Friday, May 26, 2006

using a custom database for persisted SQL Server ASP.Net session state

I am in the process of upgrading a major project from ASP.Net 1.1 to ASP.Net 2.0, and my ideal is to have 2 versions of the web application able to be run so that I can compare what's going on in the .Net 2.0 version to what should go on according to the .Net 1.1 version. This doesn't seem too difficult, just use a different web folder right? Well, this would be the case except that we're using SQL Server persisted session state and although they use a different schema between .Net 1.1 and .Net 2.0, the default database name is the same "ASPState". After a bit of fiddling around I eventually solved the problem.

Step 1 run the following command line from the appropriate .Net 2.0 directory replacing ASPState_2_0 with the database name you wish to use

aspnet_regsql -S localhost -E -ssa
dd -sstype c -d ASPState_2_0

This creates the session state database with the appropriate schema in the specified database name instead of the default.

Step 2 modify the following line in the web.config file accordingly

<sessionState mode="SQLServer" allowCustomSqlDatabase="true" stateConnectionString="tcpip=" sqlConnectionString="data source=localhost;Initial Catalog=ASPState_2_0;Trusted_Connection=Yes;" cookieless="false" timeout="15" />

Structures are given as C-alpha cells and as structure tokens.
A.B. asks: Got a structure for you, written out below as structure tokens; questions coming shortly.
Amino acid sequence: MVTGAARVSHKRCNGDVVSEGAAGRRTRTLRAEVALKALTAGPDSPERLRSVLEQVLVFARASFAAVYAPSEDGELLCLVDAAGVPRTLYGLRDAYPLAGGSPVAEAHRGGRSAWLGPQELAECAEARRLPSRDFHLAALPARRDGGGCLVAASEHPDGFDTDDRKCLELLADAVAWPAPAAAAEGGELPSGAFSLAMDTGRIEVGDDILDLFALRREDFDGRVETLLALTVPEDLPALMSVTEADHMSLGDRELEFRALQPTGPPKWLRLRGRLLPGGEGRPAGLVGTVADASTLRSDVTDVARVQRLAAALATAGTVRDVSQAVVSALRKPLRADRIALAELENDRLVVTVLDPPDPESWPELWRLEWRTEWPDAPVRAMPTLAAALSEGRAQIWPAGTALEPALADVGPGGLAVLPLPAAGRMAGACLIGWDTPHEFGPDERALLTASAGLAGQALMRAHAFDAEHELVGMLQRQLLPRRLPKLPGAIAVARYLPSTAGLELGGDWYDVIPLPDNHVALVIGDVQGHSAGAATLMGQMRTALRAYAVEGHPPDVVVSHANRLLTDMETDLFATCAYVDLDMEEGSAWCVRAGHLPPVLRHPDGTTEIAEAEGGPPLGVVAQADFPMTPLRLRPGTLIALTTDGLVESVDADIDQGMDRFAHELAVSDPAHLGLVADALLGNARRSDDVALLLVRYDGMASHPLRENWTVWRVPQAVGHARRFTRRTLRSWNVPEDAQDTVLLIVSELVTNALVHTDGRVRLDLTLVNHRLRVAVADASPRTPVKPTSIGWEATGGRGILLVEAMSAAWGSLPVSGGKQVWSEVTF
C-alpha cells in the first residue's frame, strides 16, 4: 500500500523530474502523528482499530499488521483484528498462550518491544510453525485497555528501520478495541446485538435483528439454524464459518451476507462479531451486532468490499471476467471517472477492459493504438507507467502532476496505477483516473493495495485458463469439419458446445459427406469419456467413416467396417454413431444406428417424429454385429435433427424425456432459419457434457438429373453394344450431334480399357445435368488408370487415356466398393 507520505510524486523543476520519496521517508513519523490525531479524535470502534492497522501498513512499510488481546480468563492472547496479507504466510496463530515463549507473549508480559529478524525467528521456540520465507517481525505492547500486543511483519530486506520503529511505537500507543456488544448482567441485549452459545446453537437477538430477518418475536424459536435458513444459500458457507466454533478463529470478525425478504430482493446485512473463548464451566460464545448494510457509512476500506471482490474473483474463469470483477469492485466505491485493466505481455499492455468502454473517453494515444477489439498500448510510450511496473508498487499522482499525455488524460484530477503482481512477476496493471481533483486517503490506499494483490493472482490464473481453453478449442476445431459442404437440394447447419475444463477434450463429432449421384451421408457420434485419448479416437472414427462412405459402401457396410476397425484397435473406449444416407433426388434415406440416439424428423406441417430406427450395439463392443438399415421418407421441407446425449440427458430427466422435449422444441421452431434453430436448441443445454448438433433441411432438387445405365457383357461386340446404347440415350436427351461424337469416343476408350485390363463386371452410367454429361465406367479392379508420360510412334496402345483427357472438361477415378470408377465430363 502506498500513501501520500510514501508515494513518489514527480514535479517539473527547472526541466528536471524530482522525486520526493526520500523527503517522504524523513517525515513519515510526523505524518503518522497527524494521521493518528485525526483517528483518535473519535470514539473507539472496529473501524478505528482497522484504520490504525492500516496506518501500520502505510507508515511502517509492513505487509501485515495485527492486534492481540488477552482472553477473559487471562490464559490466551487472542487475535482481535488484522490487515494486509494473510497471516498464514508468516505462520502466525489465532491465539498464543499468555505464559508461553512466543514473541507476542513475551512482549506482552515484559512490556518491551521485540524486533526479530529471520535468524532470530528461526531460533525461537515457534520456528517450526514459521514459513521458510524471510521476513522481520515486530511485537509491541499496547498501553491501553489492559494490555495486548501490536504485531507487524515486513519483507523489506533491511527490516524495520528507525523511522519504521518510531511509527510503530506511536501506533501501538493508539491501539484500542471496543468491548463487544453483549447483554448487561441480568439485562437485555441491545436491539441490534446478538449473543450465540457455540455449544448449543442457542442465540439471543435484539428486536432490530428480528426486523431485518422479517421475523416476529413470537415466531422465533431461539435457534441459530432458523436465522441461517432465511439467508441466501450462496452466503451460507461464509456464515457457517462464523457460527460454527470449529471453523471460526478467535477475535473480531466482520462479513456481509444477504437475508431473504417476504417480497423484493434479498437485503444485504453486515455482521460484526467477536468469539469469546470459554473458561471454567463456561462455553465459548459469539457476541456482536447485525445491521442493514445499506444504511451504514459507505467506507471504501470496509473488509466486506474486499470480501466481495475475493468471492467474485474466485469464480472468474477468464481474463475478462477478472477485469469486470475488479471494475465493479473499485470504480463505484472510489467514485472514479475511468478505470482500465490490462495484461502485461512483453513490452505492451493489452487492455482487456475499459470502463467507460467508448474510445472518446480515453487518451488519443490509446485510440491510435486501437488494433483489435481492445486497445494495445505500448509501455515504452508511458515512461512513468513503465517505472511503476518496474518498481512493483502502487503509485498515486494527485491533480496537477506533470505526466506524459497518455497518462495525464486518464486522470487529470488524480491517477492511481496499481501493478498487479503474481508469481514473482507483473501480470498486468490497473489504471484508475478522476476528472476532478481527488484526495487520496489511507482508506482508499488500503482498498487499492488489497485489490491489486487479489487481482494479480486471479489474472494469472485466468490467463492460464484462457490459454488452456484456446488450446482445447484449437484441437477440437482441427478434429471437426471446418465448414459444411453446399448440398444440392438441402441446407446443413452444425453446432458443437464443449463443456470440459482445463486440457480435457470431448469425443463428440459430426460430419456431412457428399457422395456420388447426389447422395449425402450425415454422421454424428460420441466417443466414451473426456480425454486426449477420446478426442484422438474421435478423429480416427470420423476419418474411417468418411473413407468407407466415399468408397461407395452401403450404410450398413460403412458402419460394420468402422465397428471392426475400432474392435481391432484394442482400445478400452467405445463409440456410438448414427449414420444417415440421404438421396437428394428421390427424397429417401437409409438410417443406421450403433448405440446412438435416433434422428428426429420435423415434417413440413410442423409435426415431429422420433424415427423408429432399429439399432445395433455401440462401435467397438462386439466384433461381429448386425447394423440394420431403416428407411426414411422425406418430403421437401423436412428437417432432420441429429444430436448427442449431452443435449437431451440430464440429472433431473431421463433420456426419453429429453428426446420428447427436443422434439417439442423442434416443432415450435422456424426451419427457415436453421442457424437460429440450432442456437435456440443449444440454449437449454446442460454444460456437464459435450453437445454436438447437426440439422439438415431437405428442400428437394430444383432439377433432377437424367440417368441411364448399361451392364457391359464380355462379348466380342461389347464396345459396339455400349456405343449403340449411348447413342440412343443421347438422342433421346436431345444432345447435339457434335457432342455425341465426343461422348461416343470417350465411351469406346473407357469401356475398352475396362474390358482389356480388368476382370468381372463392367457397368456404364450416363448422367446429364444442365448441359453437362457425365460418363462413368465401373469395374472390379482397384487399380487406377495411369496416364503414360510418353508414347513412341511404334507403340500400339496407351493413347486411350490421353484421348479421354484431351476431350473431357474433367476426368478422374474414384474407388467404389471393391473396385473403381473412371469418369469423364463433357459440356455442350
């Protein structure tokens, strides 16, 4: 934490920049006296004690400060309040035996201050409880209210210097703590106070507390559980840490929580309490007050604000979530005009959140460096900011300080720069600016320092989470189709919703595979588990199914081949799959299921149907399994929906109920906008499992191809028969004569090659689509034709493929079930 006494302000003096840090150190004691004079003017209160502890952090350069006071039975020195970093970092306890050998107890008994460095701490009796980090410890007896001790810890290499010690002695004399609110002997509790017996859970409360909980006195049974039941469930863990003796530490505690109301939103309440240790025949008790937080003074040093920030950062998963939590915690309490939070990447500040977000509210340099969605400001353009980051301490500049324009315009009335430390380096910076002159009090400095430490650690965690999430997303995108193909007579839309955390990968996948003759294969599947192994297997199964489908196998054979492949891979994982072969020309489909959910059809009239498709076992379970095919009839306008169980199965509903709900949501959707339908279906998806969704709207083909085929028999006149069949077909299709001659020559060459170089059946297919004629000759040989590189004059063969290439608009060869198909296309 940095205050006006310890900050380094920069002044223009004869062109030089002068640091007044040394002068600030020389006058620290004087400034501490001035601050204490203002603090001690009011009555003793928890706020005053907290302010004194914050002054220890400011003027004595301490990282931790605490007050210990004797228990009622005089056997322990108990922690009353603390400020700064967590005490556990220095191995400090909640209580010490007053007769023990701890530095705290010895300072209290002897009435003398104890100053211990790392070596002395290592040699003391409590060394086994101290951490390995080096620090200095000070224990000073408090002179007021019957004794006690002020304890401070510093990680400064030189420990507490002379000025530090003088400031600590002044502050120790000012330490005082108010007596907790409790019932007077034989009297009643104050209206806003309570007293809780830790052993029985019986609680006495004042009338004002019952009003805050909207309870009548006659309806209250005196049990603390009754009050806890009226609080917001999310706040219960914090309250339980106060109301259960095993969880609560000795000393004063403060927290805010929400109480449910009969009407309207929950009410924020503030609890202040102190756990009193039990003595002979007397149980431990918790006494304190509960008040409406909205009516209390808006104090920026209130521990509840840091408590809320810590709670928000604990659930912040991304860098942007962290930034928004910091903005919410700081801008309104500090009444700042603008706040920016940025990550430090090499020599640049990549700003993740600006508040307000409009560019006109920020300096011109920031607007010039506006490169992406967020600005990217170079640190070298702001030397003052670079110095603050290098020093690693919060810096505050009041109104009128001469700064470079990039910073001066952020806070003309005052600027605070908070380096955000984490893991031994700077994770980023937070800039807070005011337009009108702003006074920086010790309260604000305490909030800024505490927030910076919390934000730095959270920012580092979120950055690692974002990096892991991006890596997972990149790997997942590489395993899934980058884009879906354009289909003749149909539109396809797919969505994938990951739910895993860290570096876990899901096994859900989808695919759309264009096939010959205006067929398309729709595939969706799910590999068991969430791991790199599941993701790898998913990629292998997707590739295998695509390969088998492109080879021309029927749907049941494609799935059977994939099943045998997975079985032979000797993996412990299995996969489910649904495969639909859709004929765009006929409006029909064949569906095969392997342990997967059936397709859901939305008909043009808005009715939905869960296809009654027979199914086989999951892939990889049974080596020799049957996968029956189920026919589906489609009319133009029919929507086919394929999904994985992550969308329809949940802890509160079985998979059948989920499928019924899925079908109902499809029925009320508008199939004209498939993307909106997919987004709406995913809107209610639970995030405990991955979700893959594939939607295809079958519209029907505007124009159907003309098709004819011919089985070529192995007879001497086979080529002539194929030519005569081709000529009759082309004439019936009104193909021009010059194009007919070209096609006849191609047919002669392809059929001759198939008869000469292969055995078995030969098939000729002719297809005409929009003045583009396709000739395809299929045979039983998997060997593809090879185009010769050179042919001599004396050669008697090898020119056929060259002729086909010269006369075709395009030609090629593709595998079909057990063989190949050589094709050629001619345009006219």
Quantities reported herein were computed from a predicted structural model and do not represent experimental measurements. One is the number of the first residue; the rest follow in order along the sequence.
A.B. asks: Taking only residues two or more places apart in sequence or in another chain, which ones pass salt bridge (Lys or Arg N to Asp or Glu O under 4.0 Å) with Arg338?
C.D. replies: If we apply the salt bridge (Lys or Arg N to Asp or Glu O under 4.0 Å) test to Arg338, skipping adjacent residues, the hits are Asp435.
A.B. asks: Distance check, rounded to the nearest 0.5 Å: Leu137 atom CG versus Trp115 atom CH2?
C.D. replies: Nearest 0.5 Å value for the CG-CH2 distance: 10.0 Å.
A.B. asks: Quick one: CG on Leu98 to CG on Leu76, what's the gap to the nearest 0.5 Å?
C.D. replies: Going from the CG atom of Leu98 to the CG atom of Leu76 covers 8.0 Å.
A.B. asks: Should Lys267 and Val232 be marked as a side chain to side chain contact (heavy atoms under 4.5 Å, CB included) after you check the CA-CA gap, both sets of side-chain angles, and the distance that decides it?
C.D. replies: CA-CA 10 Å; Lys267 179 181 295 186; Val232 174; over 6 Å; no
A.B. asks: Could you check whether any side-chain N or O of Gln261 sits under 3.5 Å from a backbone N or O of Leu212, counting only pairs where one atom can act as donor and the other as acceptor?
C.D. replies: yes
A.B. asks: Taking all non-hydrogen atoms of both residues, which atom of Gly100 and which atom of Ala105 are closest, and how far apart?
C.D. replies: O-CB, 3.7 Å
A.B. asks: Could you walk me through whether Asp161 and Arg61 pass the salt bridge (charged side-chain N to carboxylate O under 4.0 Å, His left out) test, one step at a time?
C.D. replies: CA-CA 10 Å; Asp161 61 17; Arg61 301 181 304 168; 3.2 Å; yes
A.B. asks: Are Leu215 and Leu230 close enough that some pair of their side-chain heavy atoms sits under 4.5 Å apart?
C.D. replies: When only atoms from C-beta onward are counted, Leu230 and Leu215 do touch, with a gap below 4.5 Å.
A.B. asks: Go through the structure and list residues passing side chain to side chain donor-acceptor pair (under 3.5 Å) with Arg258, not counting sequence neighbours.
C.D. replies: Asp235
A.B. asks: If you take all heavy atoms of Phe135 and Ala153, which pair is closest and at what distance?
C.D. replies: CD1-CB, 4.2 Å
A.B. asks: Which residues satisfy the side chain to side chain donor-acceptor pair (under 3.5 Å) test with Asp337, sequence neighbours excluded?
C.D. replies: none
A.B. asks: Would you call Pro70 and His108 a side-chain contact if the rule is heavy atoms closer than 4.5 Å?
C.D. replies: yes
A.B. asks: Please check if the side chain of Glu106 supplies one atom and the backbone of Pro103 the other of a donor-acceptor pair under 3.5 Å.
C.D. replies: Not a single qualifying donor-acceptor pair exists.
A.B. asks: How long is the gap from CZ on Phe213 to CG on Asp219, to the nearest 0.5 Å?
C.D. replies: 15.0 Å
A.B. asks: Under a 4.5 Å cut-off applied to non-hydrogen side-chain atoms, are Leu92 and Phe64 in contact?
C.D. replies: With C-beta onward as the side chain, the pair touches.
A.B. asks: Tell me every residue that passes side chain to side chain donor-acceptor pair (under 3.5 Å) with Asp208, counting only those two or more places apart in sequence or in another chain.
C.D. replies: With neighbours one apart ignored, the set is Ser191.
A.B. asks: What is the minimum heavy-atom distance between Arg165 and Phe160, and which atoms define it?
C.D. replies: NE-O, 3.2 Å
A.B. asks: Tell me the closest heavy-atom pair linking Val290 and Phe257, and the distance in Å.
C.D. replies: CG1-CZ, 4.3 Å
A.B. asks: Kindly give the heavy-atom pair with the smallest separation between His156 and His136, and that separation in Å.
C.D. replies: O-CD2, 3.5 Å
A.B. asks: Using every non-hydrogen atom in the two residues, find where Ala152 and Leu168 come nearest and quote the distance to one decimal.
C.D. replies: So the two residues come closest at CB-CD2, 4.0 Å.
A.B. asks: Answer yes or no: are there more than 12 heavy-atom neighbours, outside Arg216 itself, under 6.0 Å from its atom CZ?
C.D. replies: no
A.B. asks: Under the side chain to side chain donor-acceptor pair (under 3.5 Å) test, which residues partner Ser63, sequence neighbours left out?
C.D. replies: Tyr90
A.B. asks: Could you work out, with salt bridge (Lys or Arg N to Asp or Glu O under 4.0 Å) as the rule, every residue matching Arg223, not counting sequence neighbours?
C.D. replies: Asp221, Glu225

Step 3 Manually give the ASPNet user (or whatever user you are running the ASP.Net web application as the appropriate priviledges on the database tables in the newly created session state databse.

MEDC 2006

Just got back from the MEDC 2006 conference where I was lucky enough to recieve an I-Mate SP5 simply for attending.

The sessions were all very interesting, my personal favourite was probably the session on performance in the compact framework.

The other interesting thing I learnt is that people are actually reading my blog. Well, if that's the case I might have to buck up my ideas and actually put some half decent content on.

Wednesday, May 24, 2006

A new and exciting project

This week I started a new and very exciting project. I can't really give away all the details as the project is still in the planning phase, but what I can say is that it will be a Web 2.0 project. Now I know Web 2.0 can sound like a bit of a buzz word and as such looses meaning, but I think this article by O'Reily explains Web 2.0 in a way that cuts through most of the marketing hype.

The Web 2.0 concepts that we are thinking of using in this project involve the idea of Mash Up's of a few different services, the idea of collaboration and collective intelligence, technologies such as ATLAS (AJAX for ASP.Net) and the concept of the quick release cycle.

It is interesting that I have ended up on this project. I must be the least experienced ASP.Net developer at Readify, and the last time I did anything commercially for the WEB (almost 2 years ago now), was firmly rooted in Web 1.0 mindset. Since then I have been firmly stuck on the Rich Client side of the divide writing Pocket PC and Desktop style applications. The team lead on this project has suggested that this is probably a good thing as we can take my experience designing and working with rich UI's and not be limited in my thinking of what is capable on the web. We are all getting really excited about the potential of this project, and I will give more details as the project progresses.